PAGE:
LOG ON 
( NAME = N'TestCompressed_Log', FILENAME = N'C:DbTestTestCompressed_Log.ldf'  )
GO

ALTER DATABASE [TestCompressed] SET RECOVERY  SIMPLE
GO

The following block of code will create a table with 3 million rows in the database that will not use compression

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USE [TestUncompressed]
GO
 
 
CREATE TABLE Test (SomeCol INT NOT NULL,
                    SomeDate DATETIME NOT NULL,
                    SomeChar CHAR(30) NOT NULL,
                    SomeGuid UNIQUEIDENTIFIER NOT NULL)
                    
                    
GO
 
CREATE CLUSTERED INDEX ci_test ON Test(SomeCol, SomeDate, SomeChar)
GO
 
INSERT Test (SomeCol, SomeDate, SomeChar, SomeGuid)
SELECT x.Number, 
    CONVERT(DATE,DATEADD(mi,Number,'20100101')),
    DATENAME(MONTH,(CONVERT(DATE,DATEADD(hh,Number,'20100101')))) + '2010',
    NEWID()
    
     FROM (                 
SELECT TOP 3000000 ROW_NUMBER() OVER (ORDER BY s.id) AS Number
 FROM master..sysobjects s 
CROSS JOIN master..sysobjects s2) x
USE [TestUncompressed]
GO


CREATE TABLE Test (SomeCol INT NOT NULL,
					SomeDate DATETIME NOT NULL,
					SomeChar CHAR(30) NOT NULL,
					SomeGuid UNIQUEIDENTIFIER NOT NULL)
					
					
GO

CREATE CLUSTERED INDEX ci_test ON Test(SomeCol, SomeDate, SomeChar)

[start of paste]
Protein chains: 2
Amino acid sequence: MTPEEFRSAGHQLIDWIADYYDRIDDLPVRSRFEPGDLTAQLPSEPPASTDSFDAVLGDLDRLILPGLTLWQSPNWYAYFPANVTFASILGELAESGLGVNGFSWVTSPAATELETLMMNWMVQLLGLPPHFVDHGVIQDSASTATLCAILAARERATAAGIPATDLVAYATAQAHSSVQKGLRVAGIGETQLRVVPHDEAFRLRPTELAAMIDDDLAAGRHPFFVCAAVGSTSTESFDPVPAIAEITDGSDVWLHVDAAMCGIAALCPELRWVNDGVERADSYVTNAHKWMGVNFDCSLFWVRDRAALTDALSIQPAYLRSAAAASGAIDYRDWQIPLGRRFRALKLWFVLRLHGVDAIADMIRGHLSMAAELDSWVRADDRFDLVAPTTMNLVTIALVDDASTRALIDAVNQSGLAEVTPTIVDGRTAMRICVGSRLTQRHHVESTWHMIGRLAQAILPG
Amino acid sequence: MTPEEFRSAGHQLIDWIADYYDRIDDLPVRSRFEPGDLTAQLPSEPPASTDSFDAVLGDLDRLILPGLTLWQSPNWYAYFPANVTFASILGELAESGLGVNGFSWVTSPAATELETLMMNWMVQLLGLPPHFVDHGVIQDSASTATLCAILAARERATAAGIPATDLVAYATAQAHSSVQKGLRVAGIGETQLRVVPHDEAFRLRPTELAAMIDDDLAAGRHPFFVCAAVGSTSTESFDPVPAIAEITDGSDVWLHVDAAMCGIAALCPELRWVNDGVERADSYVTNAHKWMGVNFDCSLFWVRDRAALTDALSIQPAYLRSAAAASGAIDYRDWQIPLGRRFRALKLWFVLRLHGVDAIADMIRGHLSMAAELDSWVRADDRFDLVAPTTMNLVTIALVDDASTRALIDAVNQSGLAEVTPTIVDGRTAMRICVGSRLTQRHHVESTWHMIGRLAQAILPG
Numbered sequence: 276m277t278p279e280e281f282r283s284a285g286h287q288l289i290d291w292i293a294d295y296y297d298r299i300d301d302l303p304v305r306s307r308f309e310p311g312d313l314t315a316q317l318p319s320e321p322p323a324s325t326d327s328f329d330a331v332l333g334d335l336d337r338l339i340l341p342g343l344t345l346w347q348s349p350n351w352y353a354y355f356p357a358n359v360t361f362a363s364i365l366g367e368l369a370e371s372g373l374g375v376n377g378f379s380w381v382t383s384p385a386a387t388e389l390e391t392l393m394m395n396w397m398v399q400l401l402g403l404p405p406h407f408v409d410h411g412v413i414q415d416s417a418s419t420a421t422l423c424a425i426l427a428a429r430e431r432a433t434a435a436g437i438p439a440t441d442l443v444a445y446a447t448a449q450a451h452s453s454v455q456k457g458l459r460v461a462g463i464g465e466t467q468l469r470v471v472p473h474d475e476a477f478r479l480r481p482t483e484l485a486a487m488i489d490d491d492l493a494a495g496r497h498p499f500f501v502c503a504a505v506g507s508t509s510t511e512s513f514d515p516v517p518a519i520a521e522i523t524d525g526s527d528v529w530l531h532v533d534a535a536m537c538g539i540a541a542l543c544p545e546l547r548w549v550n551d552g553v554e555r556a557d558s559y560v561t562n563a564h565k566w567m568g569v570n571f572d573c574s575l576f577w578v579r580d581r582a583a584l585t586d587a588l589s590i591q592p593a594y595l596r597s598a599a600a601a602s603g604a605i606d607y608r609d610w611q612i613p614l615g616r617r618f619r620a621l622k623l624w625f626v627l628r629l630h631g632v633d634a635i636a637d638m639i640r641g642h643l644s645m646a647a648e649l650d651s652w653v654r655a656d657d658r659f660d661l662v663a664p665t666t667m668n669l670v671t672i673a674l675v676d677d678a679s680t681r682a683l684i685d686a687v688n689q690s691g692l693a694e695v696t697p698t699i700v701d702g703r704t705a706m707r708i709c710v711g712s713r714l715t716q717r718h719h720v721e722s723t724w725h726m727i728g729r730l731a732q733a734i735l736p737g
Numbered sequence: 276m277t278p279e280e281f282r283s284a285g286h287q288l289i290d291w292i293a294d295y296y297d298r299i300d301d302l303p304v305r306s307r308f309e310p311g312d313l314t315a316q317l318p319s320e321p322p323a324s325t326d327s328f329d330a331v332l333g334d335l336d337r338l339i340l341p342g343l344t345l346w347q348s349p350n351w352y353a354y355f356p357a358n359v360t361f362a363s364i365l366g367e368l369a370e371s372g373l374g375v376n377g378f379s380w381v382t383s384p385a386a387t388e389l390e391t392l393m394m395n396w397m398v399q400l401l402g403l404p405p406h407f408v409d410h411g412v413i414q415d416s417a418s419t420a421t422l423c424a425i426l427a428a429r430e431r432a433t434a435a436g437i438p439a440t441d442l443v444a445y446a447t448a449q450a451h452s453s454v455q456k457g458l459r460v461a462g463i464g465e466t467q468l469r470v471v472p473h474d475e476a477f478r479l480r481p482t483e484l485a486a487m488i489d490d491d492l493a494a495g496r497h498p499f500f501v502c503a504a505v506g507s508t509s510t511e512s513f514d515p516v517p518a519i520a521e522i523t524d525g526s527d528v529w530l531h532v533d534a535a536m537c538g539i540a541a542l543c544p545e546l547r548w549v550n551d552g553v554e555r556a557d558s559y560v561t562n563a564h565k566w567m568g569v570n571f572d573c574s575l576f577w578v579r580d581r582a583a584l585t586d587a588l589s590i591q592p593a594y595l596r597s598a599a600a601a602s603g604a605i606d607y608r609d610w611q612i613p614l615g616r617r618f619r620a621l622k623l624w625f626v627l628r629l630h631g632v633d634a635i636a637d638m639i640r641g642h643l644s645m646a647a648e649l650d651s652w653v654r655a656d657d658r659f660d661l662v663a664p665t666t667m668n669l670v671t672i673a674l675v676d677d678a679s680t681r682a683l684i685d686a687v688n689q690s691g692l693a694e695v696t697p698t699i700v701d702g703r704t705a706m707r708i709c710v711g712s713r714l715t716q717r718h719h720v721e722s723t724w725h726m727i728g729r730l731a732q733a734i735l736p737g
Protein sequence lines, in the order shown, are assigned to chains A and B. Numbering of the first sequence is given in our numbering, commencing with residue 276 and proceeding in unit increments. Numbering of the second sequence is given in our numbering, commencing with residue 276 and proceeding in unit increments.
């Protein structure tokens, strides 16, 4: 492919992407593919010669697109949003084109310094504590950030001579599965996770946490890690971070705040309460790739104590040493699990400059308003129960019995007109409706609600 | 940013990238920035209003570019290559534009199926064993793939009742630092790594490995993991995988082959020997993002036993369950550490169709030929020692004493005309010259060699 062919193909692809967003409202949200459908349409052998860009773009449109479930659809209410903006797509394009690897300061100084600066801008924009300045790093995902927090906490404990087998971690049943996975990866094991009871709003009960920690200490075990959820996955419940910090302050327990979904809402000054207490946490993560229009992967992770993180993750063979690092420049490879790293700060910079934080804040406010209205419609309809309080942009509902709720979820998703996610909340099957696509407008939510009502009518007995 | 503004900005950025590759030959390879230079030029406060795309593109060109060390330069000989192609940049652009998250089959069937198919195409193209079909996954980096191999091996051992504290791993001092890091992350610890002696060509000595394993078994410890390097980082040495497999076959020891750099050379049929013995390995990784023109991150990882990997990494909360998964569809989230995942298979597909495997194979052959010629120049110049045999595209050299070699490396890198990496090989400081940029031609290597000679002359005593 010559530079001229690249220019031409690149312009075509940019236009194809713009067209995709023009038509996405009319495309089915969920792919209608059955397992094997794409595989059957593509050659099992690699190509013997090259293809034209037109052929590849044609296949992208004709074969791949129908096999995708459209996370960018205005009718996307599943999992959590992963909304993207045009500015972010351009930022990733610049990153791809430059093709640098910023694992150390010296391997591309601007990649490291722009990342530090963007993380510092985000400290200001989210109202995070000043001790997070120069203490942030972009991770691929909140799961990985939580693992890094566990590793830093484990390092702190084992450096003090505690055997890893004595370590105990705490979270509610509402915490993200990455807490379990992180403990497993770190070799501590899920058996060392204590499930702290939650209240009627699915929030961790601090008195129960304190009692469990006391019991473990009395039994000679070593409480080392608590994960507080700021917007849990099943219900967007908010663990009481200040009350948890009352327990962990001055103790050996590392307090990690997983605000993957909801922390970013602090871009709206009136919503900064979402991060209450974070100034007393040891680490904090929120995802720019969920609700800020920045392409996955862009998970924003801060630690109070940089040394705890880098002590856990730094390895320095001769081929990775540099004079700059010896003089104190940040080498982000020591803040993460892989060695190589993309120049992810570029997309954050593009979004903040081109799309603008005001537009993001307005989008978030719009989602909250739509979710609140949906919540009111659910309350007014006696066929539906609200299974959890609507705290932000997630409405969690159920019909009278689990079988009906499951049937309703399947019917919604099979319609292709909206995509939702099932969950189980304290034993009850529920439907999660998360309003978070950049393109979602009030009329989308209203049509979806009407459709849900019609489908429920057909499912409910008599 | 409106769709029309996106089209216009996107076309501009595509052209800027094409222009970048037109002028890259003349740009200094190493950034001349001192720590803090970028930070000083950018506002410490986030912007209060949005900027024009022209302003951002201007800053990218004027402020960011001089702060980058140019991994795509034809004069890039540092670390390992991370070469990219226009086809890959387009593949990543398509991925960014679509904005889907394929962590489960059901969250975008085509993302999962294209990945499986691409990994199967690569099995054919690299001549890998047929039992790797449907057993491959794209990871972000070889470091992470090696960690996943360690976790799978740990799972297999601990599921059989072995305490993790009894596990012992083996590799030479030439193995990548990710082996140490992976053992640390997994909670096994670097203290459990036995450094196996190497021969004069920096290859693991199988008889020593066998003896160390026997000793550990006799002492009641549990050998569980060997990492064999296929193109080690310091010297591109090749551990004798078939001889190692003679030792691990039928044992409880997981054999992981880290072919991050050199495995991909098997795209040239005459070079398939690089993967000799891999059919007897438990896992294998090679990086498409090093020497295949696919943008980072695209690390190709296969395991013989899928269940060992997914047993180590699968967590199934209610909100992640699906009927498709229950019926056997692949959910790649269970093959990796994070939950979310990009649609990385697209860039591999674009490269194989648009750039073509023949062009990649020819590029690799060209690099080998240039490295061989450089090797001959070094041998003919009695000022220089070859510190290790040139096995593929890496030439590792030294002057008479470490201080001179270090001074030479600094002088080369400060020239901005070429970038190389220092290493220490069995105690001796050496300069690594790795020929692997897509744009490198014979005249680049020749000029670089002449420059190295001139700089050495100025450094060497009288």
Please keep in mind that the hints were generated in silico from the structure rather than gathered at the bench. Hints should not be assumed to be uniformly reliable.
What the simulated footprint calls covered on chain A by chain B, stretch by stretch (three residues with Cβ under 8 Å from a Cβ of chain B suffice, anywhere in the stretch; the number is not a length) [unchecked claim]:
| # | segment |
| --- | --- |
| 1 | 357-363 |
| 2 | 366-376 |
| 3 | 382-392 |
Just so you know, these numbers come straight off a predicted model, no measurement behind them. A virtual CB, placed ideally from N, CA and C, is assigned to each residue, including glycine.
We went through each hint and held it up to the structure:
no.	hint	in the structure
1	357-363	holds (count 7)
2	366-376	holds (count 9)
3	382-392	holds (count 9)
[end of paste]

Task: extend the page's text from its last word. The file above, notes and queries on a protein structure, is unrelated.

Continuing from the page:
GO

INSERT Test (SomeCol, SomeDate, SomeChar, SomeGuid)
SELECT x.Number, 
	CONVERT(DATE,DATEADD(mi,Number,'20100101')),
	DATENAME(MONTH,(CONVERT(DATE,DATEADD(hh,Number,'20100101')))) + '2010',
	NEWID()
	
	 FROM (					
SELECT TOP 3000000 ROW_NUMBER() OVER (ORDER BY s.id) AS Number
 FROM master..sysobjects s 
CROSS JOIN master..sysobjects s2) x

The following block of code will create a table with 3 million rows in the database that will use data compression

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USE [TestCompressed]
GO
 
 
CREATE TABLE Test (SomeCol INT NOT NULL,
                    SomeDate DATETIME NOT NULL,
                    SomeChar CHAR(30) NOT NULL,
                    SomeGuid UNIQUEIDENTIFIER NOT NULL)
GO
                    
CREATE CLUSTERED INDEX ci_test ON Test(SomeCol, SomeDate, SomeChar)
WITH (DATA_COMPRESSION = PAGE)
GO